Wednesday, April 24, 2013
The director and staff of Article 19 in Mexico have once again received death threats. An anonymous letter directed to all employees - consisting spelling errors, hate speech and threats - was delivered at Article 19's headquarters in Mexico city. Article 19 is a London based NGO defending the freedom of speech. It opened an office in Mexico in 2006, also covering Central America. Due to the ongoing drug-war Mexico is one of the most dangerous countries for journalists to work in.

By: Cees Zoon  

Over 80 journalists have been assassinated in Mexico since 2006. Both organized criminal organizations and local authorities are responsible for this violent outbreak. The perpetrators only very rarely get caught. This is not the first time Article 19 receives death threats. More measures have been taken to protect the NGO's staff. Like most media organizations Article 19 has a special safety protocol for severe threats. Director Dario Ramirez even has a personal bodyguard.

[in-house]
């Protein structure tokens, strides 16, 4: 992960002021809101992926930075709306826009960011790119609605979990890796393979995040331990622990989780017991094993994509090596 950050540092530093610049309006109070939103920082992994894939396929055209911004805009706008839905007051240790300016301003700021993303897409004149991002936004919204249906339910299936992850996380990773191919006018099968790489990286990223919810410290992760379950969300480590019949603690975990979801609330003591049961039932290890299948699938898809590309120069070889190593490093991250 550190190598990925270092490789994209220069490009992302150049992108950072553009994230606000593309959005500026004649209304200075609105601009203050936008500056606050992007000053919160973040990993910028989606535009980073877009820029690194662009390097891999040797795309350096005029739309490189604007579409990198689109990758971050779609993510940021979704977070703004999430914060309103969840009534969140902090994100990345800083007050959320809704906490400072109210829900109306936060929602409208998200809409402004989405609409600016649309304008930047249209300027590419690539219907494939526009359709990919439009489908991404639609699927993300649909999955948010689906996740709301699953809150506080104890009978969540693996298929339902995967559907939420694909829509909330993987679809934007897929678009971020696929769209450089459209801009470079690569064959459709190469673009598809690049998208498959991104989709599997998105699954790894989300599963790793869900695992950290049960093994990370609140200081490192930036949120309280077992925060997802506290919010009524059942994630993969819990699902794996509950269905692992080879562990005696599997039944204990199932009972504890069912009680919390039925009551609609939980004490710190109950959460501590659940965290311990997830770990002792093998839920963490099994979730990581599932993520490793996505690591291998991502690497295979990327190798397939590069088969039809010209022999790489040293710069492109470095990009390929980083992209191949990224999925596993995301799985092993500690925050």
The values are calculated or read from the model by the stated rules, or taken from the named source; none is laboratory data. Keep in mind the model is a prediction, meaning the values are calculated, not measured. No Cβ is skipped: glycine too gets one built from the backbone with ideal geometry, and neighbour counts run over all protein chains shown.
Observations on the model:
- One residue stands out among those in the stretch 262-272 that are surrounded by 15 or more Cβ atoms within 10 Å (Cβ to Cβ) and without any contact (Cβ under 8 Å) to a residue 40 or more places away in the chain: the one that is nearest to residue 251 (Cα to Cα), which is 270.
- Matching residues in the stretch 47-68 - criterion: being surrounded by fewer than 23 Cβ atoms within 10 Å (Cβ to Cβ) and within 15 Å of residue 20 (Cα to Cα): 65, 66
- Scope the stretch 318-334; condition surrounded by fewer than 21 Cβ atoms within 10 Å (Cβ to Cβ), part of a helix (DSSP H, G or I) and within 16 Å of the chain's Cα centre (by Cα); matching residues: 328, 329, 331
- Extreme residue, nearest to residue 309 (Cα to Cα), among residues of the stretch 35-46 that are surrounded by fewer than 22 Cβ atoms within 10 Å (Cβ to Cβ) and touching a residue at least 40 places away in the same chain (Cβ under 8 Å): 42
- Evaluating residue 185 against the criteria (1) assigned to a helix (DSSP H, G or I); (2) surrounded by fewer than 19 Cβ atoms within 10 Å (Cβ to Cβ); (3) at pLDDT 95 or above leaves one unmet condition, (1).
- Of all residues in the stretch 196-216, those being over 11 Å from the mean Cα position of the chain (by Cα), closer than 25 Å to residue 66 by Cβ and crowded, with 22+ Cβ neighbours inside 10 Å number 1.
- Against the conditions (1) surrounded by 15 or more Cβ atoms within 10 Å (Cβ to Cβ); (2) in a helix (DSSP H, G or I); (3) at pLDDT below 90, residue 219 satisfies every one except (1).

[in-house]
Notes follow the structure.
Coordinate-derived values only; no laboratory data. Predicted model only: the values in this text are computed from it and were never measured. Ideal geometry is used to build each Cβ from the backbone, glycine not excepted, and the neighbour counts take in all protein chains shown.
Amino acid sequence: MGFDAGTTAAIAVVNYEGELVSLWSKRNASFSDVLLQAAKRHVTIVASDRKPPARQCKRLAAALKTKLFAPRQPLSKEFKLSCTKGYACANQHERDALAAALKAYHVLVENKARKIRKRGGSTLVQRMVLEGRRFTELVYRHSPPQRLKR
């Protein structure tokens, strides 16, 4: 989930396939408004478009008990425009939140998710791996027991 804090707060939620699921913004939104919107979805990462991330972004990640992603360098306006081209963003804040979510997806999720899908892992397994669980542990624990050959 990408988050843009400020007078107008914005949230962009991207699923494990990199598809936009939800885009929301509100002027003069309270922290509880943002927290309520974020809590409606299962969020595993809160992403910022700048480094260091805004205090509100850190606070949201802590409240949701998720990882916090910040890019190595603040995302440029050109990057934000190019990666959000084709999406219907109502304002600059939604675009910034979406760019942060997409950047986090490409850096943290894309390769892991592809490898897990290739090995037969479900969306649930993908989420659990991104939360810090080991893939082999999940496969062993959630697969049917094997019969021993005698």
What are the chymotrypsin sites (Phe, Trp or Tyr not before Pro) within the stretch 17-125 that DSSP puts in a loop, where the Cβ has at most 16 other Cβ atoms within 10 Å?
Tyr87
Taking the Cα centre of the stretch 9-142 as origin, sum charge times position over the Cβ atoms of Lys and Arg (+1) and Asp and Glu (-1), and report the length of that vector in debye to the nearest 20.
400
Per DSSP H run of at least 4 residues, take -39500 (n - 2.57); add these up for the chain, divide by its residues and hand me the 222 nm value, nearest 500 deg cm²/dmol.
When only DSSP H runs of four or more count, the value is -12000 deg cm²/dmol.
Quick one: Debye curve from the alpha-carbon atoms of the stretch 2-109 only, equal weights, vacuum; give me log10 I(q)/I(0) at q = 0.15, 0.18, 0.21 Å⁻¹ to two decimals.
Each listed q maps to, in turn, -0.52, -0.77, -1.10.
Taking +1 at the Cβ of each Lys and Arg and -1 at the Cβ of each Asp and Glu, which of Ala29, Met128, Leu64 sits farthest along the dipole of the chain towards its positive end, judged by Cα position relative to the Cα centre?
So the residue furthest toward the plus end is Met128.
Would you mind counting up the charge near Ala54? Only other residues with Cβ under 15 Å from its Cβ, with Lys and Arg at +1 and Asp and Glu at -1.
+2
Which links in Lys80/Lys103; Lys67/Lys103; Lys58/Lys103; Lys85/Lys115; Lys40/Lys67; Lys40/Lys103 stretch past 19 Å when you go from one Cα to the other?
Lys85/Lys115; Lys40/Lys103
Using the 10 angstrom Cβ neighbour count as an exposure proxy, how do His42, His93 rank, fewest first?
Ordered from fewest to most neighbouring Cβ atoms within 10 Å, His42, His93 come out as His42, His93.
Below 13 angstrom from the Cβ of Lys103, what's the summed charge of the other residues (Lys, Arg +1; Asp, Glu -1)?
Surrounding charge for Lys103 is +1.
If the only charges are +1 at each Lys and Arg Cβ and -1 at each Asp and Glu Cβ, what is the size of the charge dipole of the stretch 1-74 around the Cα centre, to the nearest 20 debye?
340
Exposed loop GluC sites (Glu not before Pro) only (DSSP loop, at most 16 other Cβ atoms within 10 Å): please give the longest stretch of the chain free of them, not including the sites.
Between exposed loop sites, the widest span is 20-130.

'We take these threats very seriously', said Ramirez. 'Our priority is to guarantee the safety for our entire team.' According to the director, the threats 'obviously come from an individual who feels uncomfortable towards our work.' Despite the threats Article 19 continues to do its job, which is mainly focused on distributing information to journalists in Mexico and Central America about the threats and attacks they are facing.

In Mexico, violence and threats against journalists and media institutions take place virtually everyday. In the state Chichuaha for instance, the Internet newspaper Onjiaganoticias has stopped its activities last year after their editor-photographer Jaime Guadalupe was killed by 18 bullets. Also in the state Tamaulipas, a news website which informed people about the ongoing violence in the area, stopped reporting last year after a drug cartel announced a bounty for the one who could identify the person who created the website.

Furthermore - during the last couple of weeks - headquarters of several newspapers in the north of Mexico have been attacked with grenades.